5. Hardware Outlay - Seriously? Windows 8 runs better than Windows 7 and from what I've read, it's ran pretty well on the same hardware that runs XP. Now, specifically you mention touch interfaces: There's NO requirement for Windows 8 that you purchase touch hardware and if you are specifically looking at touch for your mobile workforce, the touch requirements are exactly the same as any other touch operating system (iOS, Android, etc). You wouldn't touchify your desktop for mobile usage, you'd buy a mobile device with built-in touch capabilities.
To counter, here's my list:
1. Common user experience shared on PC and Phone
2. Possibility for using a single device for most usage scenarios (desktop, mobile and couch) resulting in decreased costs for mobile oriented employees when compared to mixed vendor solutions (desktop/notebook+ipad vs single Slate device)
3. Increased security and resiliency to infection (should Metro be used more than the desktop for data access outside corporate mandated apps, it probably would be as the store would be the source for app installs and IE metro is sandbox'd more so than before)
4. Faster startup / Decreased boot times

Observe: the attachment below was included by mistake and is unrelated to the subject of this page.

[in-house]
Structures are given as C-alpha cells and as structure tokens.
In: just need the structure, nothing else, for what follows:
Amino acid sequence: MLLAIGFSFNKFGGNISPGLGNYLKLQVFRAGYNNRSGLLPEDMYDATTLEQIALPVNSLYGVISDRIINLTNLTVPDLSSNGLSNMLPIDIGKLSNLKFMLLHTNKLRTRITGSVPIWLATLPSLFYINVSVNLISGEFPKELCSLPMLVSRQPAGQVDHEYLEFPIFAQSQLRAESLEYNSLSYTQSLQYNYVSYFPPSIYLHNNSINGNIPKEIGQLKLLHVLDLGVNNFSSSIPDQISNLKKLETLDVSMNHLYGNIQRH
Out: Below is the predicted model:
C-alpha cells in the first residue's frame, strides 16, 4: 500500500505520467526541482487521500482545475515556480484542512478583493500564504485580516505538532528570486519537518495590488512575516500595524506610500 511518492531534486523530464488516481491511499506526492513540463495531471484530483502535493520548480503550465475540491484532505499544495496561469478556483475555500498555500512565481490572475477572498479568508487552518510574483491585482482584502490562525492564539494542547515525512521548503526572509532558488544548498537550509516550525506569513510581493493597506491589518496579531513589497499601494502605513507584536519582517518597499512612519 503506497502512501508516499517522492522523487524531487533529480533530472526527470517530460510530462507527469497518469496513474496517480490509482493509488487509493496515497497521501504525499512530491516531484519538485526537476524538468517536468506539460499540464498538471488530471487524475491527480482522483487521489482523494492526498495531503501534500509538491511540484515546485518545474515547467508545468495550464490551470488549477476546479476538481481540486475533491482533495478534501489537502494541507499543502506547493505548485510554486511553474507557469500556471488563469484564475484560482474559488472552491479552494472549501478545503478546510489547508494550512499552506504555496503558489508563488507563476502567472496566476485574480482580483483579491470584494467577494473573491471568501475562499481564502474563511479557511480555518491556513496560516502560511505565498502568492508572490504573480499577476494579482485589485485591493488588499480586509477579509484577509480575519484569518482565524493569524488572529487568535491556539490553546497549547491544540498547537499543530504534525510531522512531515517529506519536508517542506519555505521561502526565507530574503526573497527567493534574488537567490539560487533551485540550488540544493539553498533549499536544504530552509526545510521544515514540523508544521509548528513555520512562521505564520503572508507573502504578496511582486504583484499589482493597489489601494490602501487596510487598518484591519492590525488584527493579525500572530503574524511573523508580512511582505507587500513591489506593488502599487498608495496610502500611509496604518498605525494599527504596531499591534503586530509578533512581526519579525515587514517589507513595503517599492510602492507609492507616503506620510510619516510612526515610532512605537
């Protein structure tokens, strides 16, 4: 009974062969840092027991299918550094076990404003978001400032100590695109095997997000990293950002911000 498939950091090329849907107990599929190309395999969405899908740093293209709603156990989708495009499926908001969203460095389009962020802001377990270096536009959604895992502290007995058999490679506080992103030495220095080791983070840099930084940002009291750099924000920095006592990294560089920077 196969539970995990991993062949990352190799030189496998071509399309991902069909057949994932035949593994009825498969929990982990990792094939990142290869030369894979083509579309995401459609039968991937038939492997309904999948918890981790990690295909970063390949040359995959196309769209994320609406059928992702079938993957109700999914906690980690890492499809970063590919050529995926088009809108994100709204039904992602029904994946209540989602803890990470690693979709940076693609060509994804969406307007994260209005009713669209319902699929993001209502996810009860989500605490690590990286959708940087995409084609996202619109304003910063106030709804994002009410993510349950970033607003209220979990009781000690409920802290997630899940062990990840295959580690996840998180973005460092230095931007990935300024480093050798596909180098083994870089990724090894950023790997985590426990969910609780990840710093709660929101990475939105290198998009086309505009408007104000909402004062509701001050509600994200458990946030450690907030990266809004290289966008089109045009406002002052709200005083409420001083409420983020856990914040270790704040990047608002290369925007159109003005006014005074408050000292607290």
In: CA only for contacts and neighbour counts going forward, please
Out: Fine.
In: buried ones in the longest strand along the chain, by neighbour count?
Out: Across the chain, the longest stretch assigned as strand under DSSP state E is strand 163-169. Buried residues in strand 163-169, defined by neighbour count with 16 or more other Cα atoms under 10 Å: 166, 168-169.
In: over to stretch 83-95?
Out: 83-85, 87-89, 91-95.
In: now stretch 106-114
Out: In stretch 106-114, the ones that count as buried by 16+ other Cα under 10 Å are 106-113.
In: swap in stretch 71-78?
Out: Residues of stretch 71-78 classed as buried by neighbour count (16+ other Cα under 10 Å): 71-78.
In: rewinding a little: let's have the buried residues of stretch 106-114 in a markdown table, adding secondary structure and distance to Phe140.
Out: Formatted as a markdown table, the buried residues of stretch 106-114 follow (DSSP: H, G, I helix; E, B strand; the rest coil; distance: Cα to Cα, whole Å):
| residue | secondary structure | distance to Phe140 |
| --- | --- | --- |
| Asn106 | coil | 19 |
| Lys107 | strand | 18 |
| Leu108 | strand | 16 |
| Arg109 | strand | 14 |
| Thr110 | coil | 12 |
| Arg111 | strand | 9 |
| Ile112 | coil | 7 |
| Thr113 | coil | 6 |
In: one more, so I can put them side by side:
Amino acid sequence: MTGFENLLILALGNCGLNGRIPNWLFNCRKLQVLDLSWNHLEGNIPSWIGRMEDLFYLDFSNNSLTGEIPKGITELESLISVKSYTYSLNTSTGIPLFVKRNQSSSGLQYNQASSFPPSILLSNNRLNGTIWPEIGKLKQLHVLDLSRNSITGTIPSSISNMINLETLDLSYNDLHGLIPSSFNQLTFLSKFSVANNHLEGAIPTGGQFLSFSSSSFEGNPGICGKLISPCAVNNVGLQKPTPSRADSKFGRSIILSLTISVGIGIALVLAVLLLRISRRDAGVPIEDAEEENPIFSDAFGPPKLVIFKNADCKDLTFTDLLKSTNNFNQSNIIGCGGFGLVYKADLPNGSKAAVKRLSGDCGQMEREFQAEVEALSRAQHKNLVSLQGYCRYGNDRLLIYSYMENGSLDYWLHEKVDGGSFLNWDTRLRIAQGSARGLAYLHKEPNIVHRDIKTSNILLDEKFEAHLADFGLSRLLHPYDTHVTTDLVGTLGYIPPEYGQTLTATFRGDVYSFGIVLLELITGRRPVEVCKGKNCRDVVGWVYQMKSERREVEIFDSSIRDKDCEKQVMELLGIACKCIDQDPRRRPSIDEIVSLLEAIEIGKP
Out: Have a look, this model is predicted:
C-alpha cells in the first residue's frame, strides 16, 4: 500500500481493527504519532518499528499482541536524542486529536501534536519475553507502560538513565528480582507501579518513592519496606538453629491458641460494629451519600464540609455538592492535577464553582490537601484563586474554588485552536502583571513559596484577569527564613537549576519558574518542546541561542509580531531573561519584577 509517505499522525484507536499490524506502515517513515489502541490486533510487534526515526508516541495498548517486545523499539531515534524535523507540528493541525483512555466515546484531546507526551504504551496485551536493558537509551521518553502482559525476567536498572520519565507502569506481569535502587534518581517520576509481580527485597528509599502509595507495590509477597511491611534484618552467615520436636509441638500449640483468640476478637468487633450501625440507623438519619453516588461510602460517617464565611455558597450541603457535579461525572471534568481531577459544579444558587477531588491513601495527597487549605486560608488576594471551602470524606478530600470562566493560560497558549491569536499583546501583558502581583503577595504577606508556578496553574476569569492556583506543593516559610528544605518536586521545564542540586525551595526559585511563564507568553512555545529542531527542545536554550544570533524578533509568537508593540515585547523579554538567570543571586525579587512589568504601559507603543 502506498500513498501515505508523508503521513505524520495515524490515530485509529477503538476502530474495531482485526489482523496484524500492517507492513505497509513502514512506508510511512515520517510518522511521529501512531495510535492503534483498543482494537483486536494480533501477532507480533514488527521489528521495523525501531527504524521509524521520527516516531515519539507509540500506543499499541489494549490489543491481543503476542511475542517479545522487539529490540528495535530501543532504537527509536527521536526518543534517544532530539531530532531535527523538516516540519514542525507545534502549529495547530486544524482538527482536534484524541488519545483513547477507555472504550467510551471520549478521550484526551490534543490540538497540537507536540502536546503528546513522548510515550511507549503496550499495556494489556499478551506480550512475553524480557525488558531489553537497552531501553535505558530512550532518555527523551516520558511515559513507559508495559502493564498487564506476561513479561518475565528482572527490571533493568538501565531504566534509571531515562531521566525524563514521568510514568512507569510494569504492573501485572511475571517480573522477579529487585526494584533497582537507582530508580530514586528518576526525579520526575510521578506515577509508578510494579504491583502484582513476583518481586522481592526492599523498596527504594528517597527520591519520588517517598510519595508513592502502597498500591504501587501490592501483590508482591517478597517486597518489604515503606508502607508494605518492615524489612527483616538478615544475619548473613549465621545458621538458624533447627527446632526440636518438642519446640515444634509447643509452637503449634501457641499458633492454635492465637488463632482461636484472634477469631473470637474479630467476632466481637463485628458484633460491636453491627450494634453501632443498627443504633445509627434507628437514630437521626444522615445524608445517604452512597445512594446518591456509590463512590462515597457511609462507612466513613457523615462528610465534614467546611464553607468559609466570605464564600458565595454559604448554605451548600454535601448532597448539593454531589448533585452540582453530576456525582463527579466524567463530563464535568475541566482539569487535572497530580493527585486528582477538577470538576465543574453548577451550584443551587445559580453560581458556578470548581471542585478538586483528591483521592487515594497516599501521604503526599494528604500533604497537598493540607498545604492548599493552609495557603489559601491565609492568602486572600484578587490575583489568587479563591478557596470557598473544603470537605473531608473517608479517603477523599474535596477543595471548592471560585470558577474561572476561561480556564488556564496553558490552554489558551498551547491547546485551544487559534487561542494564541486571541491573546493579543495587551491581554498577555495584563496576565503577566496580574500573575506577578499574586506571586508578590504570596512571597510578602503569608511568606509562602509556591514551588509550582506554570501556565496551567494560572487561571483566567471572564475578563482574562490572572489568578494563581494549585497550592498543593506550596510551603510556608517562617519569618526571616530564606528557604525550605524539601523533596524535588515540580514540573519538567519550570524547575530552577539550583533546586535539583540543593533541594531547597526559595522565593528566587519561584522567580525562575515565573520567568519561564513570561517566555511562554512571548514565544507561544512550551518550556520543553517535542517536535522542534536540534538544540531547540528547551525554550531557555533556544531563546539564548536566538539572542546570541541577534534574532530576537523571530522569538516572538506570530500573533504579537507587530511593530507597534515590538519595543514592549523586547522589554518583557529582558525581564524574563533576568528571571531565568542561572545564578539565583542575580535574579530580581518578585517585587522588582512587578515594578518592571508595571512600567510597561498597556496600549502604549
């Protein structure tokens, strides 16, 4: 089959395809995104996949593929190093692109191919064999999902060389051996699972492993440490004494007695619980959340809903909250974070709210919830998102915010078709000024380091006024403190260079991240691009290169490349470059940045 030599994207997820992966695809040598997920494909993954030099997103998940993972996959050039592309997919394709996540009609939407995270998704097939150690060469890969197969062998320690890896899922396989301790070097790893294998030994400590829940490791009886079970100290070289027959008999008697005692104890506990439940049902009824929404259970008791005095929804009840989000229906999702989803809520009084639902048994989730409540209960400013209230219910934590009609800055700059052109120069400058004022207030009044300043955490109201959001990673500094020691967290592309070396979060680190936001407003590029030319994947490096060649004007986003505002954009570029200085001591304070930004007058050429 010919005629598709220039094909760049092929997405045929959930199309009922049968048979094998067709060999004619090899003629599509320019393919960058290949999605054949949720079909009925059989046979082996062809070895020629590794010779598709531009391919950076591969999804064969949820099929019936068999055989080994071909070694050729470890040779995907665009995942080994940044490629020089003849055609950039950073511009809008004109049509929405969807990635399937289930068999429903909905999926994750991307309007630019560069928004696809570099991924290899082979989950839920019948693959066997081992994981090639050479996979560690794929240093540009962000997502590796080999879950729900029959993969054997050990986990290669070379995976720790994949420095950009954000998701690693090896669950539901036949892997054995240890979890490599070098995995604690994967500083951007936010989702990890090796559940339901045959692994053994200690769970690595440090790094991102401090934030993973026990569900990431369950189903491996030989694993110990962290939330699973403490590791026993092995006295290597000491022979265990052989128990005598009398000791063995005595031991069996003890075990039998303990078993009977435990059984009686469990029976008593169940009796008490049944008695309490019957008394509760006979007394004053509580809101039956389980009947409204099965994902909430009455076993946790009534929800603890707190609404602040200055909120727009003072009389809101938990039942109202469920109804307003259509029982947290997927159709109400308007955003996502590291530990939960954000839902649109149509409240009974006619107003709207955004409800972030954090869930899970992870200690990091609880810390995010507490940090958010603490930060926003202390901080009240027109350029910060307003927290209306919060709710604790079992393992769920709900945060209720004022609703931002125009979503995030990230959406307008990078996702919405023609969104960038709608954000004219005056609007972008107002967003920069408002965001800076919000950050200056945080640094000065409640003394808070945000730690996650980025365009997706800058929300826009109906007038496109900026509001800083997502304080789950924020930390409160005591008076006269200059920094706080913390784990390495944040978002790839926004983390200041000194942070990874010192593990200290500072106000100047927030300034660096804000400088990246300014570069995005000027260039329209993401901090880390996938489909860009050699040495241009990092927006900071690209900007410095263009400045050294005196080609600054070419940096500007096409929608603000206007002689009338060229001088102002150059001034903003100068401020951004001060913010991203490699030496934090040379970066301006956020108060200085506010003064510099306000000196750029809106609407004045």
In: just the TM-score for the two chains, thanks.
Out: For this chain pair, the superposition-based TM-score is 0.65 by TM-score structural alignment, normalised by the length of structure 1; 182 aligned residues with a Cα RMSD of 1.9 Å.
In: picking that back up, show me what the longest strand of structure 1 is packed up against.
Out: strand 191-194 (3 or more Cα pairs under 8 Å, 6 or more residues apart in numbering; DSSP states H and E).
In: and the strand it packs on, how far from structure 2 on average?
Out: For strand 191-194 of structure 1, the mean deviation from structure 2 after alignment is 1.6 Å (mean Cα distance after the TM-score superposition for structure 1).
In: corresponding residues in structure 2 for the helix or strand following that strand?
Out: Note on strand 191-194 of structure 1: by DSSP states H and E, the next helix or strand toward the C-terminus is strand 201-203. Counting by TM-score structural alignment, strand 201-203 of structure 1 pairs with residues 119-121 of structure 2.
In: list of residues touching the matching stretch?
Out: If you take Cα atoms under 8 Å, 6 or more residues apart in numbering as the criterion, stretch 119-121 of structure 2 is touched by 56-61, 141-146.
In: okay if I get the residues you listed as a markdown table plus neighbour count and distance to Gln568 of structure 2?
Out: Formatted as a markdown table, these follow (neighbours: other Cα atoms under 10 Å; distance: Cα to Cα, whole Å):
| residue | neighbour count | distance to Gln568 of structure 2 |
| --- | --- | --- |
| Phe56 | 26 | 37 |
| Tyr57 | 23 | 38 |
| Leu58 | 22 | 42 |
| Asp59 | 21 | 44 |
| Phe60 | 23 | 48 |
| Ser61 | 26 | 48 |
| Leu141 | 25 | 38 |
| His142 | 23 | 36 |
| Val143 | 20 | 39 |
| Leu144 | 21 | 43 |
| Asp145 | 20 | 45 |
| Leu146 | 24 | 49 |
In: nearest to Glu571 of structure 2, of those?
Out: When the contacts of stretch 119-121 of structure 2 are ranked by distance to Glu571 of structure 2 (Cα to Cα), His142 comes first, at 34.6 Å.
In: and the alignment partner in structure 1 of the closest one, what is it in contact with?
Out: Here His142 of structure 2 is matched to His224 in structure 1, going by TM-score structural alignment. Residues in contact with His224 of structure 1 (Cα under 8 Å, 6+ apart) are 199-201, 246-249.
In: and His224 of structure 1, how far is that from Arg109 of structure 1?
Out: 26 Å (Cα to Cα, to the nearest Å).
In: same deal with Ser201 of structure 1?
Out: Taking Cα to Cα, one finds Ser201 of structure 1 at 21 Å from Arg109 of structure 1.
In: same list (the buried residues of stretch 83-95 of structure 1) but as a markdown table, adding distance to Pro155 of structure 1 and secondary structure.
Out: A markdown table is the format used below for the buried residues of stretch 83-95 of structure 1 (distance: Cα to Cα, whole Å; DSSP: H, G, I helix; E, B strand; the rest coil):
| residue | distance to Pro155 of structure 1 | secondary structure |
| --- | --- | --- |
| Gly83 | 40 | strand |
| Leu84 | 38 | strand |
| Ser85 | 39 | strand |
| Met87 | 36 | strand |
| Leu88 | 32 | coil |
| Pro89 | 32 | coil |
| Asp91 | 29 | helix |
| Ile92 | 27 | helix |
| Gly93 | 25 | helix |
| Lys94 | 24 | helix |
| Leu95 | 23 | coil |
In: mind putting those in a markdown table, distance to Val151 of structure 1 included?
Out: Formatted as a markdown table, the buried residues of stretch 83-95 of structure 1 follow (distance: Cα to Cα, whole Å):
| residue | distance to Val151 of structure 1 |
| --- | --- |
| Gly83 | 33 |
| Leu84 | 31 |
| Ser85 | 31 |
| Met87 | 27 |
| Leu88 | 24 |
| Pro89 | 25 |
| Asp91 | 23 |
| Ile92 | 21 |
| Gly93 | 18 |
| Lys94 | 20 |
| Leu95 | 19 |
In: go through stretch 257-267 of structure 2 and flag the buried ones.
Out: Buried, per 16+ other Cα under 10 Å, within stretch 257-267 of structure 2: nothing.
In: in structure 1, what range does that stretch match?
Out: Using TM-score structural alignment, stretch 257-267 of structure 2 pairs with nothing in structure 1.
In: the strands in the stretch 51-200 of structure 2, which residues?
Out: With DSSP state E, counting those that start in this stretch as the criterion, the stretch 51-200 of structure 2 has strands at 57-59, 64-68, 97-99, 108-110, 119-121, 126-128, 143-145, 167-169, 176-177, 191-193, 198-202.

5. Windows store for easy access to apps selected and approved by IT
6. Mobile print support
7. x86 versions support remote desktop/screen sharing applications for easier remote support
8. Hyper-V support allows for easier packaging of legacy systems across servers/workstations
9. Native USB3 support
1. Requires additional user training than previous Operating System upgrades. Start menu removal, system task adjustments and processes, etc.
2. Inconsistent experience quality for mobile users across hardware brands/models (iPad is pretty much the iPad always apart from storage and versions where different Windows vendors may provide different levels of hardware quality - this applies more to Windows itself rather than Windows 8 as a traditional problem with desktop and notebook devices but now that it's intended as a viable tablet platform, it's worth re-iterating for mobile devices)